Oh you’re definitely the killer. Muahahaha!

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You had me at bang this one out

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Figure this may be useful question to ask:

The limit is one story per person, right?

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I got one in my head already.

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This coincides curiously with a current re-read of a short but beloved book from my childhood shelf, "The Dollhouse Caper" by Jean S. O'Connell. (In which a spot of blood briefly figures.)

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Dec 4, 2023Liked by Chuck Palahniuk

This prompt sings to me!

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Dec 4, 2023·edited Dec 4, 2023

I have only about 100 words to say about this:

It never pays to do anything nice for anybody.

You know those little people that you buy at the arts-and-crafts store? I figured, okay, it’s Christmas, the little buggers would probably enjoy hanging around in a nice Christmas village instead of on a hook in Jolie’s Art Barn.

So, I build them this whole big thing with cottages and stores and whatnot, and I put them in there, thinking they’d be grateful and get some holiday spirit.

Next thing I know, the little fuckers are stabbing each other. What the shit?

I picked up the entire display and threw it in the dumpster behind my apartment building. Some people don’t deserve nice things.

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mm sounds yummy...got like 200 words, will see if it will lead somwhere

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Real blood doesn't melt fake snow. From the adam’s apple down, the train conductor was in the gazebo. A ring of blood ran around the circle of track. His body was still driving the train headless for at least one lap. I still haven't found the head. The track switcher went for a shorter ride. His shin and foot were pinched between two rails. Body, armless, a few inches away. I still haven’t found the arms. But the bruises indicate that someone or something beat him with his arms after he ripped them off. Something smells like iron.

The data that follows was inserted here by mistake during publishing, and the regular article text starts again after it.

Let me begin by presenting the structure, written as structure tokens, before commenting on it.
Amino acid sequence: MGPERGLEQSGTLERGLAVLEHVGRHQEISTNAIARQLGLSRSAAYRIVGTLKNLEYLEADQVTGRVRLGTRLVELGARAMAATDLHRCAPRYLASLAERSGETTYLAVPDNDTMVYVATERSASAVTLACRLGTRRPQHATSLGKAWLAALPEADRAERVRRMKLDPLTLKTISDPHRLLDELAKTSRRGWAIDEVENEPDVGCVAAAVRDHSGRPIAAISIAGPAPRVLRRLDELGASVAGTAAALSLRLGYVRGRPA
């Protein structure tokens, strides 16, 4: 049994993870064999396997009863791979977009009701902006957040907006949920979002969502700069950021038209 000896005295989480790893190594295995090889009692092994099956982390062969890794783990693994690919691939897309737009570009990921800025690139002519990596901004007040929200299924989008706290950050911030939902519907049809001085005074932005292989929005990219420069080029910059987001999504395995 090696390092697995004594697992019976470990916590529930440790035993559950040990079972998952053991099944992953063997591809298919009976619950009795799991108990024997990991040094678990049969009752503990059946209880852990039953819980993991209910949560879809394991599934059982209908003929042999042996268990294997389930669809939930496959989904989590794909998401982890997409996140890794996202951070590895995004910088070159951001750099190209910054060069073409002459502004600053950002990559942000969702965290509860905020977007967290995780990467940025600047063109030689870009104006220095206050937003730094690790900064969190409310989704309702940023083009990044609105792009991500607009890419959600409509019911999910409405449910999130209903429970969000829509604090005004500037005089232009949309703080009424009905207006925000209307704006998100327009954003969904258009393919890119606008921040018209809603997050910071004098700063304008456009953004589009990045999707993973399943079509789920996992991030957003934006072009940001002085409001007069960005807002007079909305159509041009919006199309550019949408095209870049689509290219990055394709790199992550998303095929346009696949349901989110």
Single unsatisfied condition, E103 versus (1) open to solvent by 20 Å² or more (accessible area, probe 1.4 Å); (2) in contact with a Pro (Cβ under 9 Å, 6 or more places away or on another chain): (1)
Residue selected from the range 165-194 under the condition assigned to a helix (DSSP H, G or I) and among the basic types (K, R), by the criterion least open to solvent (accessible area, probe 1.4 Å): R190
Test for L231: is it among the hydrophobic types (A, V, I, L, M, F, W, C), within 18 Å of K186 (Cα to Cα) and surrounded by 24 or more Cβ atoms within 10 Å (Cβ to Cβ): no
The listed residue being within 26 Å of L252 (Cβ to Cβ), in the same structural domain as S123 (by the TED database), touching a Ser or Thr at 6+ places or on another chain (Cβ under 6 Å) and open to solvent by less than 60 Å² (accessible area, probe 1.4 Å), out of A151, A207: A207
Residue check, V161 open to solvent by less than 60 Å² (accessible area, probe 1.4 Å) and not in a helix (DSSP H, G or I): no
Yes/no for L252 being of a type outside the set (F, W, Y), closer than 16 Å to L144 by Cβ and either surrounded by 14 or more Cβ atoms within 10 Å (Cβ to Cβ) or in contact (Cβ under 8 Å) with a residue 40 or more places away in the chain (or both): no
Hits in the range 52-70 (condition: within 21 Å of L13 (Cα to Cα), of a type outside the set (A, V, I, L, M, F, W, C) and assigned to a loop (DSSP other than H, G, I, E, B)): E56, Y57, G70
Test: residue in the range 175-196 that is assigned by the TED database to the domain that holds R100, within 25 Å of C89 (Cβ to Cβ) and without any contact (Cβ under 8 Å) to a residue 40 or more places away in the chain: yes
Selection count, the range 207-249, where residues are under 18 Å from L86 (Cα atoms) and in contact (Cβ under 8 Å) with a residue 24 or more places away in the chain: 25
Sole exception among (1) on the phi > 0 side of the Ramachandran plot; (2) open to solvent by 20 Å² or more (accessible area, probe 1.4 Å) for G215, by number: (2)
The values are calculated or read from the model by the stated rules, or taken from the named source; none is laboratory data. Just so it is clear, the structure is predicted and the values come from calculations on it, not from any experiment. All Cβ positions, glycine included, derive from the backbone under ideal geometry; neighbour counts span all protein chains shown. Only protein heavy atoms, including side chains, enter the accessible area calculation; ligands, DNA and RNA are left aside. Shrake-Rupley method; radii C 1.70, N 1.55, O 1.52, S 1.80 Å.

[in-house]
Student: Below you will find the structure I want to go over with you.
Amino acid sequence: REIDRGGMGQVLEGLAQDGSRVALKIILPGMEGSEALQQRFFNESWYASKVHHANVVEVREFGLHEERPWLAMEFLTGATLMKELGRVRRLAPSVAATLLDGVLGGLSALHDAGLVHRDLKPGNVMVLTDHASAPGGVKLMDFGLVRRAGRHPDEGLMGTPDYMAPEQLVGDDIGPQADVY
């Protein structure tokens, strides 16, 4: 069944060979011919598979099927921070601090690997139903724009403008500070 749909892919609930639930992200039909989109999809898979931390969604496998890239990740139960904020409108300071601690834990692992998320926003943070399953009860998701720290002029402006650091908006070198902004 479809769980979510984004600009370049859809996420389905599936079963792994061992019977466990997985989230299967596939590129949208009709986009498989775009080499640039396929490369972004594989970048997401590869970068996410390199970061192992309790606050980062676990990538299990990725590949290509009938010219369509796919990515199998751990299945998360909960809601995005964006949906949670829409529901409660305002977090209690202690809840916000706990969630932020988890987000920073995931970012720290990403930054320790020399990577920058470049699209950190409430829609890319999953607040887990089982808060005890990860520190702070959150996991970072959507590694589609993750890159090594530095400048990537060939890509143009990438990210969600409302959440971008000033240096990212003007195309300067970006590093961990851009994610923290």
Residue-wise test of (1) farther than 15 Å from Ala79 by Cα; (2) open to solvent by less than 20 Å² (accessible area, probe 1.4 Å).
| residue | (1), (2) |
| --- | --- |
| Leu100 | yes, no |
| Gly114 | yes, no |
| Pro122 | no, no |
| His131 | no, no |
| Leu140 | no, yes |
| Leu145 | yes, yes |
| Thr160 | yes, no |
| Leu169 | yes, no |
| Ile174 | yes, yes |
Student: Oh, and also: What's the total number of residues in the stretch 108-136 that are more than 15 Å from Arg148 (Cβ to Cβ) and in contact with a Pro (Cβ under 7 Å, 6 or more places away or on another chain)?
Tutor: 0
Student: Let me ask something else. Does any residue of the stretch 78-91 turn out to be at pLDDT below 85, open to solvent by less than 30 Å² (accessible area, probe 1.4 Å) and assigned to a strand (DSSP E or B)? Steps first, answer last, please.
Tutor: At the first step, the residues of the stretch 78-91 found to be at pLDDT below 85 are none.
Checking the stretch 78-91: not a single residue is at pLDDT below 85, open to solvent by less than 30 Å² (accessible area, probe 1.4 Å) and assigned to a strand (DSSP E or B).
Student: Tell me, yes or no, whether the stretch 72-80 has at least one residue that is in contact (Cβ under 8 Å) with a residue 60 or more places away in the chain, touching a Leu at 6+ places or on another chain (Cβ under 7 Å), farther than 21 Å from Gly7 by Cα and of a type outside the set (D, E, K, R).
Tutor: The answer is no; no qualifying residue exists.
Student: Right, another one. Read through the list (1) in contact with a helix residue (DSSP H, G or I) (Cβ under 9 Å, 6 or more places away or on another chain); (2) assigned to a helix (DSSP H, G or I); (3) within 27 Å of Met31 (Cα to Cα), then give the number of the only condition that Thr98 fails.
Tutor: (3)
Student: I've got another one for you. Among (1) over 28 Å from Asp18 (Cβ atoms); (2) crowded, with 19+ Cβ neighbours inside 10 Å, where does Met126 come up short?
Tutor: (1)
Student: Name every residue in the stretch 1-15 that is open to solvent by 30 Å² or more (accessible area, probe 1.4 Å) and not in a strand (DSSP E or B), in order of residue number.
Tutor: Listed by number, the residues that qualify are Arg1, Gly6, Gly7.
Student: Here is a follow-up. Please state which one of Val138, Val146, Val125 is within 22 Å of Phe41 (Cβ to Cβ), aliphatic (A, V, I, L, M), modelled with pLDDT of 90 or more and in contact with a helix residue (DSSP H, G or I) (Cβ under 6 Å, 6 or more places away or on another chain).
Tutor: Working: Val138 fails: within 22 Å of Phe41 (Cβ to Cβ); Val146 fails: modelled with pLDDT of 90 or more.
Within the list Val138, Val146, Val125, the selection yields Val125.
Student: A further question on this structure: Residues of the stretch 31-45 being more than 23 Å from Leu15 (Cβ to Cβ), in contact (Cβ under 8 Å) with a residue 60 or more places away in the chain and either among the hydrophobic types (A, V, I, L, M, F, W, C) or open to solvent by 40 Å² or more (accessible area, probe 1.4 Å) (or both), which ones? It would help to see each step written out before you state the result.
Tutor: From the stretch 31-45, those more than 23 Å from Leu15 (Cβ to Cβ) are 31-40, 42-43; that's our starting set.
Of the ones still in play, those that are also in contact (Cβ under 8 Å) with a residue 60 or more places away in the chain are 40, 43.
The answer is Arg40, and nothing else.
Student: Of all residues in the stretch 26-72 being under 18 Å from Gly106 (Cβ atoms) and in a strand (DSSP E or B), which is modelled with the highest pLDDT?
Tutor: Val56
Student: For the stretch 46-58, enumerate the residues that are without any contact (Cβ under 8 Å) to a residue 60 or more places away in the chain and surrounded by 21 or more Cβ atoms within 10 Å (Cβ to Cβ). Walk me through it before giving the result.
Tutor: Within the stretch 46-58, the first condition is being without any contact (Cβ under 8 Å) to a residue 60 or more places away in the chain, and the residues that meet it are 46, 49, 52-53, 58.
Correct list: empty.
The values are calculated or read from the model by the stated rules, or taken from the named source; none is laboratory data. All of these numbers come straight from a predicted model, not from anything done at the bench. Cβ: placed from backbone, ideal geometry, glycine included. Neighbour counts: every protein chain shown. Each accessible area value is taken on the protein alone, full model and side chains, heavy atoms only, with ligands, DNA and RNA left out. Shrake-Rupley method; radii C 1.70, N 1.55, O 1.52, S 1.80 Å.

It wasn’t the milk maid or the postman or any of the other tiny townspeople. They’re miniatures. Figurines, you kook. Someone went through a lot of trouble to stage those tiny murders, and to mess with me. At christmastime. It has to be my husband. He’s the only person twisted enough to do something like this. He’s sweet, but loves to scare me. I appreciate the effort. If only he would put that effort into decorations. We’d have the best house on the block. At Halloween, he hid in the coat closet for long enough to have carved ten pumpkins just to scare me.

I cleaned up the blood with a wet paper towel, and gave it a sniff. Iron. It was real. I hope he didn’t hurt himself just to use real blood. Took the plastic body parts I could find and placed them into his stocking so he’d know that I know come tomorrow.

The creepy elf that judges us is off its shelf. It's supposed to be on the mantle. I look on the bookcase, on top of the cabinets, then in our room. He moved it onto my night stand. Its hands are red, and textured. He sure went through a lot of trouble to scare me. I pick up the little creep, and smell his hands. Iron. Where did he get real blood? I place the elf on his pillow so he knows that I know when he gets home. I’m exhausted from preparing dinner for tomorrow, and he will be home in an hour. I lay down on the bed with my back to the little creep elf watching over me. Need some rest before I hide in the coat closet and repay my husband. I still smell iron.

I wake, and the elf is back on the nightstand. Bryan must be home. It still smells of iron. Peek through the blinds. His truck isn’t in the driveway. I appreciate the effort. Search the house. He’s hiding in the closet again. Take off my shoes and tiptoe in socked feet toward the front door, and swing the coat closet open. The coats are gone, but there are buckets on the floor. I pry one of the lids off, one tab at a time. Now all I can smell is iron. Found the missing plastic arms. Bryan’s ring is still on his finger. A drip falls into the bucket. The elf is on the closet shelf with red, wet hands.

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“There is a killer on the loose.”

It was a strange feeling that came over me as I stood above his dead body. The man I knew for many years, the milkman Mike. I should have felt terror, or at least sadness, yet I felt none. I slowly raised my left hand and looked at the blood covering two of the fingers. In the distance there was the sound of sirens, I turned my head and watched the darkness between the two lines of glorious Christmas lights. Someone behind me was calling my name. As the fog in my mind cleared I turned around and saw my wife yelling at me in the doorway. Yes, better get back inside. There is a killer on the loose.

I shut the door tight, took off my jacket and sat by the fireplace.

On the table stood a framed photo of my lovely wife, who had passed years ago. How was she calling me to come back in then?

As I added some fresh logs into the fire something caught my eyes upon the smooth wooden coffee table. I rose up and looked at it. It was a knife. Tip of it was covered in blood.